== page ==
Abstract: Objects are usually horizontally sliced when printed by 3D printers. Therefore, if an object to be printed, such as a collection of fibers, originally has natural direction in shape, the printed direction contradicts with the natural direction. By using proper tools, such as field-oriented 3D paint software, field-oriented solid modelers, field-based tool-path generation software, and non-horizontal FDM 3D printers, the natural direction can be modeled and objects can be printed in a direction that is consistent with the natural direction. This consistence results in embodiment of momentum or force in expressions of the printed object. To achieve this goal, several design and manufacturing problems, but not all, have been solved. An application of this method is (Japanese) 3D calligraphy.

Note: This is the on-line journal version of a poster for SFF 2013

Introduction to this research theme: 3D shape formation technologies

Keywords: 3D printing, Three-dimensional printing, Solid free-form fabrication, SFF, Fused deposition modeling, FDM, Additive manufacturing

NaturalDesign3DP.jpg
Kanada, Y., I/O 2015-8 (in Japanese).

[ 日本語のページ ]

Abstract: 3D printers usually prints artificially-designed objects; however, certain unexpected patters are often generated. Let's enjoy such "naturally designed" patterns!

Introduction to this research theme: 3D shape formation technologies

Keywords:

Kanada, Y., International SFF Symposium 2015, August 2015.
[ 日本語のページ ]
[ Preliminary paper PDF file ]
[ Slide PDF file ]

1201-03-01-P1311432c.jpgAbstract: Material is stacked vertically and layer-by-layer in conventional additive manufacturing (AM) methods. An object with overhang or skewed stacking structure, such as a plain dish or an empty sphere, is difficult to be created by these methods without support material. This paper proposes a layer-less fused-deposition-modeling (FDM) method that enables mostly horizontal stacking of filament without support material. Such filament-stacking is enabled by increasing the height of the print head gradually, i.e., without layer transitions that make horizontal stacking difficult. The proposed method also allows controlling printing directions and various printing-direction-dependent expressions, such as fiber-like textures or brilliance, which make AM products attractive as final products for consumers or as some kinds of industrial products. Objects to be printed can be modeled as directed solid models designed by a component-based method (i.e., a new CAD based method) or a generative method, which are completely different from conventional CAD based methods.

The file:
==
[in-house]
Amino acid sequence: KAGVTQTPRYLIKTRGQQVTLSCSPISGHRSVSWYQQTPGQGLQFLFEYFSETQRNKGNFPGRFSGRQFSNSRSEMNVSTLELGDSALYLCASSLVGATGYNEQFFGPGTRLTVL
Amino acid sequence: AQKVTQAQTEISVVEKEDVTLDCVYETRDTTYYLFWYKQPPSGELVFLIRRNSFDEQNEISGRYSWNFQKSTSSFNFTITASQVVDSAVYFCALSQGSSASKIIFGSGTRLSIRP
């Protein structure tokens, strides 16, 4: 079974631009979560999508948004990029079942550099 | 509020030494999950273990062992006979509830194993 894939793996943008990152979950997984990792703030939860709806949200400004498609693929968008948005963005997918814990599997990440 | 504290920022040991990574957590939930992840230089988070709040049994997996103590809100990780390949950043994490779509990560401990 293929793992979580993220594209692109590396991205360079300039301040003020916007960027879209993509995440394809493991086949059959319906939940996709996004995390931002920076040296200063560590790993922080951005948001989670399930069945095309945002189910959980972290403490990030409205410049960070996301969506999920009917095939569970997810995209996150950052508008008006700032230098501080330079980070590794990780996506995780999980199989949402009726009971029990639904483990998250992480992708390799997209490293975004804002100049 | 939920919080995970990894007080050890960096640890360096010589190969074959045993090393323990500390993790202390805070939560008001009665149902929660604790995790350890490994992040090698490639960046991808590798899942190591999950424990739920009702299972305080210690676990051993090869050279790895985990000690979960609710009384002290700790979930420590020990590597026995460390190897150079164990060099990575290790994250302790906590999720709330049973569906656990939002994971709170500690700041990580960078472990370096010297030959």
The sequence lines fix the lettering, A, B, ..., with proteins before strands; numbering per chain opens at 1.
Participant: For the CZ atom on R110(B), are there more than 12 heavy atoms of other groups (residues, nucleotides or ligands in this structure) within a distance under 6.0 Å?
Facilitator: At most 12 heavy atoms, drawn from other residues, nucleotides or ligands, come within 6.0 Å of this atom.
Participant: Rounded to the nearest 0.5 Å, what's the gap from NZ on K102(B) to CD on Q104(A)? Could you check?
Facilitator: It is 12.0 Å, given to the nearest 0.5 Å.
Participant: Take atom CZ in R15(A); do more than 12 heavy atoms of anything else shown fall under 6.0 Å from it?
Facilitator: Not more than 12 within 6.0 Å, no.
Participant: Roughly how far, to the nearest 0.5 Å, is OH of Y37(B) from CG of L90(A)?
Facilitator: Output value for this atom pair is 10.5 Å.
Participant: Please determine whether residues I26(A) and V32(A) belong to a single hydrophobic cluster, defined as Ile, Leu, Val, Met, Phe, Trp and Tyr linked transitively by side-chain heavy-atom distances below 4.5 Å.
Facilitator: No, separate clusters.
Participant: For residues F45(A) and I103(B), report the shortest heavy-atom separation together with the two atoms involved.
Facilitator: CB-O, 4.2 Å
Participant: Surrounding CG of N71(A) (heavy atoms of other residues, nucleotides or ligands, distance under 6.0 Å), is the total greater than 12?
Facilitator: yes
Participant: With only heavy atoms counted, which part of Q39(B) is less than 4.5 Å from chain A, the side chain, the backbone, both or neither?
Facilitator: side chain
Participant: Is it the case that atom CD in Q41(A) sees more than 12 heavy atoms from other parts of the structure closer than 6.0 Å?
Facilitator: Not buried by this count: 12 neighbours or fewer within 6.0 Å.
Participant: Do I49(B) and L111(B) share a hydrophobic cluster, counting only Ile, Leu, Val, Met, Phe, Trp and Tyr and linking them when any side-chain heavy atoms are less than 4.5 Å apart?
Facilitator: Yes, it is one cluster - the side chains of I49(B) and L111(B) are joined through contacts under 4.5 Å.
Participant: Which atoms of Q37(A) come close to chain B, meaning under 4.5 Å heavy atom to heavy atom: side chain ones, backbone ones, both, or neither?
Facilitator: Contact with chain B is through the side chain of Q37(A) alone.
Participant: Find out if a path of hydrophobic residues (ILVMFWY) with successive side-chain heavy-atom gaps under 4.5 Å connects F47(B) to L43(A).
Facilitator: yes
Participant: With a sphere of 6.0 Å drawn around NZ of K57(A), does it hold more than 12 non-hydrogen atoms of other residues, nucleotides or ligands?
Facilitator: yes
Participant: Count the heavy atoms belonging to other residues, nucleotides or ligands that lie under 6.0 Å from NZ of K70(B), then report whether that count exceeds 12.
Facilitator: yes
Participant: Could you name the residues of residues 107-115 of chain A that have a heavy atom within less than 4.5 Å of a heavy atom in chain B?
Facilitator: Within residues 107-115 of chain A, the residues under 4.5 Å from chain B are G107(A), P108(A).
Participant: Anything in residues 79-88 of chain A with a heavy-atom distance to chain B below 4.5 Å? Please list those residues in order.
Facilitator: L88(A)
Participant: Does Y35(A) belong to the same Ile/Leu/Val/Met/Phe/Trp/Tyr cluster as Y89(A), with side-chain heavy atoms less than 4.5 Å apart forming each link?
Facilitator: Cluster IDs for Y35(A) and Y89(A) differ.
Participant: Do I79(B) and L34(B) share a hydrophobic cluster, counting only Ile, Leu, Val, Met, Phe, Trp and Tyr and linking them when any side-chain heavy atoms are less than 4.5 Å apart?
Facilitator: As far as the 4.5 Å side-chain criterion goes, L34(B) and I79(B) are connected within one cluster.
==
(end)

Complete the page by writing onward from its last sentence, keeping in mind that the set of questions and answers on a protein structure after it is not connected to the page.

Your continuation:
Introduction to this research theme: 3D shape formation technologies

1011-04.jpg  1038-10.jpg 

Keywords:

Kanada, Y., International Journal of Computer, Control, Quantum and Information Engineering, WASET, Vol. 9, No. 5, pp. 568-574, 2015.
[ 日本語のページ ]
[ Paper PDF file (Publisher site) ]
[ Paper PDF file (local site) ]

Abstract: When printing a plate (or dish) by an FDM 3D printer, the process normally requires support material, which causes several problems. This paper proposes a method for forming thin plates without using wasteful support material. This method requires several extraordinary parameter values when slicing plates. The experiments show that the plates can, for the most part, be successfully formed using a conventional slicer and a 3D printer; however, seams between layers spoil them and the quality of printed objects strongly depends on the slicer.

Introduction to this research theme: 3D shape formation technologies

Keywords: Fused deposition modeling (FDM), 3D printing, Support-less, Layer seam, Slicer

Kanada, Y., 2015 JSME Annual Meeting, S044 Next Generation 3D Printing, 2015-9 (in Japanese).
[ 日本語のページ ]
[ Paper PDF file ]

Abstract: In 3D printing methods such as FDM, the direction of printing dominates the appearance and the nature of the printed objects. However, the direction cannot be specified in conventional 3D-printing methods. In this presentation, methods for designing and printing direction-specified 3D objects and the advantages of these methods are described.

Introduction to this research theme: 3D shape formation technologies

Keywords: Printing direction specification, Direction-specified design, Additive manufacturing, AM, Computer-aided design, CAD

Kanada, Y., 2015 JSME Annual Meeting, G120 General Session in Design Engineering and Systems, 2015-9 (in Japanese).
[ 日本語のページ ]
[ Paper PDF file ]

Abstract: As well as in computer programming, both declarative and procedural methods should be available in industrial product design. However, design for 3D printing is mostly based on declarative CAD as well as other areas of product design. This presentation reports a method for generative (procedural) design.

Introduction to this research theme: 3D shape formation technologies